UK publishes draft legislation on Offshore Companies which own UK property

Offshore companies which own propertyThe consultation document entitled “Ensuring fair taxation of residential property transactions” was published in May 2013. As always whenever the UK Treasury or HMRC refer to “fair taxation” what they really mean is “considerably increased taxation”. The resulting draft legislation was published on 11th December outlining the new taxes and charges which will have to be paid by offshore companies which own property in the UK.

There have been some significant changes from the consultation paper.  There is still a small chance that there will be alterations before the enactment of the actual legislation in April next year but no further surprises are expected and it would be unusual if there were any more changes. Property owners should plan accordingly. 

The main features of the proposed legislation will affect properties which either are, or will become,  valued at more than £2 million and which are owned by “non-natural persons”.  This is a reference to companies, partnerships, funds and the like, not to persons with strange personal habits. 

Previously many buyers of UK property have chosen to register their properties in the name of an offshore company in order to eradicate UK inheritance tax (IHT) which would otherwise be charged at 40% on the whole value of the property , after allowances, upon the death of the owner.  As a company never dies the asset becomes the shares of the company which is a non UK asset and therefore not subject to UK IHT as long as the owner is not UK domiciled. Owners who are UK domiciled are subject to IHT on their worldwide assets so the tax catches the whole estate. Many UK expatriates will remain UK domiciled despite living abroad for many years. Offshore company ownership also facilitated the avoidance of stamp duty (SDLT) as any subsequent sale of the property could be effected by a transfer of the shares in the company leaving title to the property in the UK unaltered.  This would mean the incoming purchaser avoided SDLT and allowed the seller to charge more or made it easier to sell as it was cheaper for the buyer, or a bit of both.   

Offshore companies which own property worth over £2 million will now be faced with:

1. An annual charge of a minimum of £15,000 and a maximum of £140,000 depending on value. The new tax is called Annual Residential Property Tax (ARPT).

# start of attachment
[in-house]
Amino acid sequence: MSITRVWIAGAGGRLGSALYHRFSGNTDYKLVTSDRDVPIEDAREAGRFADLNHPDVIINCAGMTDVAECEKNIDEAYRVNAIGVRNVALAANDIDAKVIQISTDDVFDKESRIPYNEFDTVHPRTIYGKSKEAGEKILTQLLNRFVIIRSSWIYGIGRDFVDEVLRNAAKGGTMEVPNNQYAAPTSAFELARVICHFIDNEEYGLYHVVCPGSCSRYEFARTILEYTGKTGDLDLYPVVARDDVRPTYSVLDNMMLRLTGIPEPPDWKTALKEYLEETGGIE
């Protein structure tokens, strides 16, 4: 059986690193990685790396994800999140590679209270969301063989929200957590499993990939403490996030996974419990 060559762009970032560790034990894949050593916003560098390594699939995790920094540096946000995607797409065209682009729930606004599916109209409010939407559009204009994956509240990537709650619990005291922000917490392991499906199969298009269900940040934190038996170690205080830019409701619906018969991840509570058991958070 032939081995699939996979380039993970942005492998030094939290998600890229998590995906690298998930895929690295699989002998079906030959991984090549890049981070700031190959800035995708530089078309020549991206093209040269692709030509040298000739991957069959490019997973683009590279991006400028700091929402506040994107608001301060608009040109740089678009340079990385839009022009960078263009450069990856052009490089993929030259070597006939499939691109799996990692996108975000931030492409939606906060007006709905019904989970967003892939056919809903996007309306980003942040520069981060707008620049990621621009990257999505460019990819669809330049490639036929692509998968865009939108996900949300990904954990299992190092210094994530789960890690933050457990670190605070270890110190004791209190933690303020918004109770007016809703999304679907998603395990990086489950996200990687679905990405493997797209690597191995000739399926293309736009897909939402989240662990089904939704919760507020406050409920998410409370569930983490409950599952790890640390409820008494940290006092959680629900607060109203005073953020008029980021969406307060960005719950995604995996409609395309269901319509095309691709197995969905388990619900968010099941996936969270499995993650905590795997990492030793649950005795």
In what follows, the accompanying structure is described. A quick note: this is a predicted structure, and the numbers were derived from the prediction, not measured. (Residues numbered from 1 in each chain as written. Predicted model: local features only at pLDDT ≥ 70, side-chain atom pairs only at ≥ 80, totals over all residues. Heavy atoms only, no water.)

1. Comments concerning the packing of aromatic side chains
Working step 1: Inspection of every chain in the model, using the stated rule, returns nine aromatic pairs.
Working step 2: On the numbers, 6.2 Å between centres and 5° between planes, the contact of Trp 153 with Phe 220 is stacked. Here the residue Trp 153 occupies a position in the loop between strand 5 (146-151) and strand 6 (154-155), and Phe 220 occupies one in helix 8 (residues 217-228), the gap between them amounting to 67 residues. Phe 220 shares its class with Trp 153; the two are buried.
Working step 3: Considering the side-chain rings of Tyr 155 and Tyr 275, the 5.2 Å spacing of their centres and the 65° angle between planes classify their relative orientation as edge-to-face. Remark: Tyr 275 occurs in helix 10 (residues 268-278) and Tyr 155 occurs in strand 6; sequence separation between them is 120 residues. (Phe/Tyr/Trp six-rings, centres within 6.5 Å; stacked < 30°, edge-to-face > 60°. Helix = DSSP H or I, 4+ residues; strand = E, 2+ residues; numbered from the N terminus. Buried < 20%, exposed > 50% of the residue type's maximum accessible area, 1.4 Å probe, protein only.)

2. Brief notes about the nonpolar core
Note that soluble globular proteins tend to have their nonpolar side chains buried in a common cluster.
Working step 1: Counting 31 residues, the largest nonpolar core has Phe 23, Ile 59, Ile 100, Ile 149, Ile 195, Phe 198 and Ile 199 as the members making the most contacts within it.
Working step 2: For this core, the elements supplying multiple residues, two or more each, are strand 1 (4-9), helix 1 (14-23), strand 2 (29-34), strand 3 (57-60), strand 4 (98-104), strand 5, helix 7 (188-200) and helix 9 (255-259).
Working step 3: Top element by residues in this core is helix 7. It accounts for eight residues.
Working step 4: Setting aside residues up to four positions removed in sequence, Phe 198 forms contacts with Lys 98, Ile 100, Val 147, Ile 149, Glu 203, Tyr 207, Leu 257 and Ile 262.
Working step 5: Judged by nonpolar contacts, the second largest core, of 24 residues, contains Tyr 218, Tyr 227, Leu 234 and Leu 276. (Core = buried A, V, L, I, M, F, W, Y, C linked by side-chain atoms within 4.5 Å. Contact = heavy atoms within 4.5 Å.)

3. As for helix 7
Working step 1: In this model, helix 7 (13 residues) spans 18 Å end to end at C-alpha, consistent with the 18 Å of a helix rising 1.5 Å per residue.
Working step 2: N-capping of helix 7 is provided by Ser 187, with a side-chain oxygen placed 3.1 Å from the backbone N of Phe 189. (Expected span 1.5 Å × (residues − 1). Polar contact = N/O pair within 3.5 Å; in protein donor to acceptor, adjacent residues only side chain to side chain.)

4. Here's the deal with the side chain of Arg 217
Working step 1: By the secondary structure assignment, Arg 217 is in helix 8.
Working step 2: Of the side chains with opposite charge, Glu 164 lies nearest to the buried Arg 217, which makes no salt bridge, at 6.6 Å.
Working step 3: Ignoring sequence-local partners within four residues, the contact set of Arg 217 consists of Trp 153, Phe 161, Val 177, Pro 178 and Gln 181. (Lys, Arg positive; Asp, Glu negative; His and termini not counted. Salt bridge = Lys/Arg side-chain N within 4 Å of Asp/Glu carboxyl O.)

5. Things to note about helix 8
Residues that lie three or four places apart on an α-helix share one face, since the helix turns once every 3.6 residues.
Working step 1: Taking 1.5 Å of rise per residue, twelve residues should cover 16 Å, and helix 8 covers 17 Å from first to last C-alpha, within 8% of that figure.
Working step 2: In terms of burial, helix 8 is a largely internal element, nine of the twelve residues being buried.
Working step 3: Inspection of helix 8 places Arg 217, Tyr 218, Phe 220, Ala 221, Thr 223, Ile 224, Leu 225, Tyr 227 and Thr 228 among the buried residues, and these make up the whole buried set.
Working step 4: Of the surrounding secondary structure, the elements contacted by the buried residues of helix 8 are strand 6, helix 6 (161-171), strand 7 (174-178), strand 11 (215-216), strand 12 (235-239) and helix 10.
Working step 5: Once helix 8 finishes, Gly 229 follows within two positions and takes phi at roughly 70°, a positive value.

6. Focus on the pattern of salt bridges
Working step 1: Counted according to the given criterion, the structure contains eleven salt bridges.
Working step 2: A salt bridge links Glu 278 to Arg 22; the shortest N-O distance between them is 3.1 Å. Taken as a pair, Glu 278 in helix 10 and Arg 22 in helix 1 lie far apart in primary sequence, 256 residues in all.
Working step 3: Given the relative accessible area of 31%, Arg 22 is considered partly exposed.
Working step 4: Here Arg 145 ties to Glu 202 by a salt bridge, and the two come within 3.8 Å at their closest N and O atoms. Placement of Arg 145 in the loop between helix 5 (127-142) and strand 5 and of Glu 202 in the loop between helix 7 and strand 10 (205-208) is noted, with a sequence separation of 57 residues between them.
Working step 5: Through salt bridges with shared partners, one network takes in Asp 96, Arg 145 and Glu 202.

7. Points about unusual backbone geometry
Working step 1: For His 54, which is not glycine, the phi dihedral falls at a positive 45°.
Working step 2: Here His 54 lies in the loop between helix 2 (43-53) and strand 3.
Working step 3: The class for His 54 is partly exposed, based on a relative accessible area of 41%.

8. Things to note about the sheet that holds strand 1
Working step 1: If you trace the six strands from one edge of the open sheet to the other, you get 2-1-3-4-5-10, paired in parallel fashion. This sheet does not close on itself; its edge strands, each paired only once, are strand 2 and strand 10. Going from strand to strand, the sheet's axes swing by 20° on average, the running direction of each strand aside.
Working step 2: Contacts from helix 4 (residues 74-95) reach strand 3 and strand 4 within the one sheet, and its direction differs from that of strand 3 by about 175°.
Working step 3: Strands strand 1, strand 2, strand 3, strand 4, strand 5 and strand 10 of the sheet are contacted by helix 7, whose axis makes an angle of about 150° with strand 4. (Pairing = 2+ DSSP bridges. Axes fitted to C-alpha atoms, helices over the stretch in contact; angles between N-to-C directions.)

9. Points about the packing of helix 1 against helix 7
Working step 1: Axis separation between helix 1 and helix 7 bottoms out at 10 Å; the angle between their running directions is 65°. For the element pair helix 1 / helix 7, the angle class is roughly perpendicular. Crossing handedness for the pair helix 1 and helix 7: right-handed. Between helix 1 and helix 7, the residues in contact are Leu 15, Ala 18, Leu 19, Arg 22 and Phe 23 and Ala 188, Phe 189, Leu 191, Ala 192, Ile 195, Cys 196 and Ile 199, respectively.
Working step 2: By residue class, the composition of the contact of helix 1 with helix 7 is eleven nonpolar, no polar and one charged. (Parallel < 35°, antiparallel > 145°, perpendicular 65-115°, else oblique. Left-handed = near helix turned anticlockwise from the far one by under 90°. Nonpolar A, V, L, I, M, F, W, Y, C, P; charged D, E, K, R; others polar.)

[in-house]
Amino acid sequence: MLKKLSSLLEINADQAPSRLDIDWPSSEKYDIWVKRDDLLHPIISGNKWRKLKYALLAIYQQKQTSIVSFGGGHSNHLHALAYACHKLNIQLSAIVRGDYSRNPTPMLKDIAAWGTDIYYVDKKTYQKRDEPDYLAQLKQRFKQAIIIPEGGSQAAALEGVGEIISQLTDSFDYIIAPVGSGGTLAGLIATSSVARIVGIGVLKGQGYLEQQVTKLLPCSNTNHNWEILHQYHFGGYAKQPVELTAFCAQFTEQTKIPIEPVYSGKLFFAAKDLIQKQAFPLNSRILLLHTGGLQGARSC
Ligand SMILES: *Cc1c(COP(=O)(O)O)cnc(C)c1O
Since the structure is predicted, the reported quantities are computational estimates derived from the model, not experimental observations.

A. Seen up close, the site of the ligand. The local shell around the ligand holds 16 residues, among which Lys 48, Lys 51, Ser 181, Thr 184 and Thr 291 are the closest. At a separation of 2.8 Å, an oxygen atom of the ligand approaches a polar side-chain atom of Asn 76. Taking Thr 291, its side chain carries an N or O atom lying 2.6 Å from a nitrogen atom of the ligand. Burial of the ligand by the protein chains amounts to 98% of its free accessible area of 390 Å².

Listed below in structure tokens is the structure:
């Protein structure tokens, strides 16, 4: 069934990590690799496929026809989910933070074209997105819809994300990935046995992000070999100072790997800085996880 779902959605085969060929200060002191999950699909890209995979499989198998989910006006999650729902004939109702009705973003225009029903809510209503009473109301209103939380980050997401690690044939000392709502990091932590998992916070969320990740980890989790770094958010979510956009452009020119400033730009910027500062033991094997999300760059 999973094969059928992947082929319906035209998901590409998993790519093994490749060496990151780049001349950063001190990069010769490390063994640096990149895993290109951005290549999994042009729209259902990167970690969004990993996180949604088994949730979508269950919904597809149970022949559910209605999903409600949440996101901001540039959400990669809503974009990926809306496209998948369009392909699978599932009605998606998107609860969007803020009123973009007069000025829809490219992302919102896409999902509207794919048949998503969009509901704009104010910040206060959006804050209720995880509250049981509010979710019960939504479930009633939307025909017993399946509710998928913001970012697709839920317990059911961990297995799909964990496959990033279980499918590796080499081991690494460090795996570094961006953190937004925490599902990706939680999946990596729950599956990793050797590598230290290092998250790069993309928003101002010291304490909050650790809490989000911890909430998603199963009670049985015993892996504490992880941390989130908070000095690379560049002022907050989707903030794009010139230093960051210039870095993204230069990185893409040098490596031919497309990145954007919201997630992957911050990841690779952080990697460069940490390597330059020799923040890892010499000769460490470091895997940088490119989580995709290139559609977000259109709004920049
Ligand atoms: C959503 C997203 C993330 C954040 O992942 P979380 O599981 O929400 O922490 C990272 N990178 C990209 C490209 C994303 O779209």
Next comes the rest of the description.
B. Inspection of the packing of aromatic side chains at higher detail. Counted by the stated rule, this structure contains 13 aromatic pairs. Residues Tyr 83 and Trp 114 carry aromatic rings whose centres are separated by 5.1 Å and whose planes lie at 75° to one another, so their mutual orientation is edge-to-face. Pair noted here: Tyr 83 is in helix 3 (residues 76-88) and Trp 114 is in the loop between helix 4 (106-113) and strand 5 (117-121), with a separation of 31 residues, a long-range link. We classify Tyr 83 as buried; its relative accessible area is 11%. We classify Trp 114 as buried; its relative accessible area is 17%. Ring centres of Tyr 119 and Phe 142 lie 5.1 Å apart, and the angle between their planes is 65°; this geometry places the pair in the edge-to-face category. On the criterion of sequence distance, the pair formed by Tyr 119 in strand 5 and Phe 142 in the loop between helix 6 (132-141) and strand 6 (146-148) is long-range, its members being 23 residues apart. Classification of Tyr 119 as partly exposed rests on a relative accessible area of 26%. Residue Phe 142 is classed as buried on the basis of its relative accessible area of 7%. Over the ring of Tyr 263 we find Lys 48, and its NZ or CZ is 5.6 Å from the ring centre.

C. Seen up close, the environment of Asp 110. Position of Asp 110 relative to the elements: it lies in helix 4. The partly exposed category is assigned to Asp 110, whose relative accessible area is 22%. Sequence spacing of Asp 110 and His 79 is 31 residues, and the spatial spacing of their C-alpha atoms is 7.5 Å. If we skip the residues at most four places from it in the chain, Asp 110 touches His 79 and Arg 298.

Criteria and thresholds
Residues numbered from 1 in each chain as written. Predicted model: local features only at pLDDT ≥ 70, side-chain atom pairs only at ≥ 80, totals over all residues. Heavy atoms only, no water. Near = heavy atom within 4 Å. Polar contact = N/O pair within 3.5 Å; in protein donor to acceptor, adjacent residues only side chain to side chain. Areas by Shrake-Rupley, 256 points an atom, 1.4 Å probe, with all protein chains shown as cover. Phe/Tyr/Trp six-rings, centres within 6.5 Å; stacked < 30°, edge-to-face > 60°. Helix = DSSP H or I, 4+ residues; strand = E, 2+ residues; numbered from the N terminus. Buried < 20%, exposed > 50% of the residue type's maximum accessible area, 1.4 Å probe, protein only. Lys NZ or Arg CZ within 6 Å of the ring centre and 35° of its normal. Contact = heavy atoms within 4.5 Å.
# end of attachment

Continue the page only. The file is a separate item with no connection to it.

2. Capital Gains Tax (CGT), which was previously not paid by non UK resident sellers whether they were individuals or companies, will be charged on resale at a rate of 28%.

New offshore company purchasers will pay stamp duty at 15% whereas natural persons will pay stamp duty at the bargain rate of only 7%.

A transfer of property to an individual or individuals (presumably the beneficial owner or owners of the company) who own the company will avoid these charges but expose those individuals to UK inheritance tax at 40% so this is an option which will appeal only to the very young and very healthy who are quite certain of their own longevity.  For those less certain of their own mortality this will not be a sensible option.  It is possible to cover the liability by life insurance but actuaries have of solvent life insurance companies have got it right. You will pay more than you receive so this is an expensive option which normally appeals most to life insurance salesmen. 

The good news is that there are exemptions from the above taxes.  The main one of these is that corporate trustees are not subject to these new taxes. For most, transferring property already owned by an offshore company to an offshore trust will be the most cost effective way forward. For new purchasers making the purchase via an offshore trust will be best.  There is also an exemption for bona fide business assets owned by companies. This would apply where the property is rented out exclusively and entirely to third parties. The problem here is that even a single day of occupation by anyone connected with the company at any time when that company owned the property would cause the exemption to be lost so this is somewhat inflexible and inherently risky. 

Luckily, there has been one change to the original proposals. CGT will be based upon the difference between the sale price and the presumed value at April 2013.  Originally the CGT was to be based upon the original acquisition value and resale price.  This is obviously an improvement for those who purchased a long time ago and have seen the value of their investment rise considerably. Even those who have bought unwisely will have made a big paper profit so this is welcome news but would not seem to make much difference to the correct structure going forward.  

Trustees who hold UK assets are subject to the ten year anniversary charge which could be as much as 6% of the value of the property but this charge is only made on the equity on the property.  The equity on the property is the difference between the property value and any loans against the property.  It is therefore recommended that the properties be laden with debt whether that be loans from a bank or from loans injected by the Settlor or other persons associated with the trust. 

Between now and April 2013, properties can still be transferred to a new structure without CGT applying.  After April any changes in ownership are likely to result in tax consequences and the annual charge will start biting.  In summary, there is a brief window when action can be taken at minimal cost to avoid future CGT and ARPT so urgent action is required.  Prevarication or inaction is likely to result in significant additional costs. 

Howard Bilton is a UK and Gibraltar barrister, Professor of Law at Thomas Jefferson School of Law, San Diego and Chairman of The Sovereign Group.


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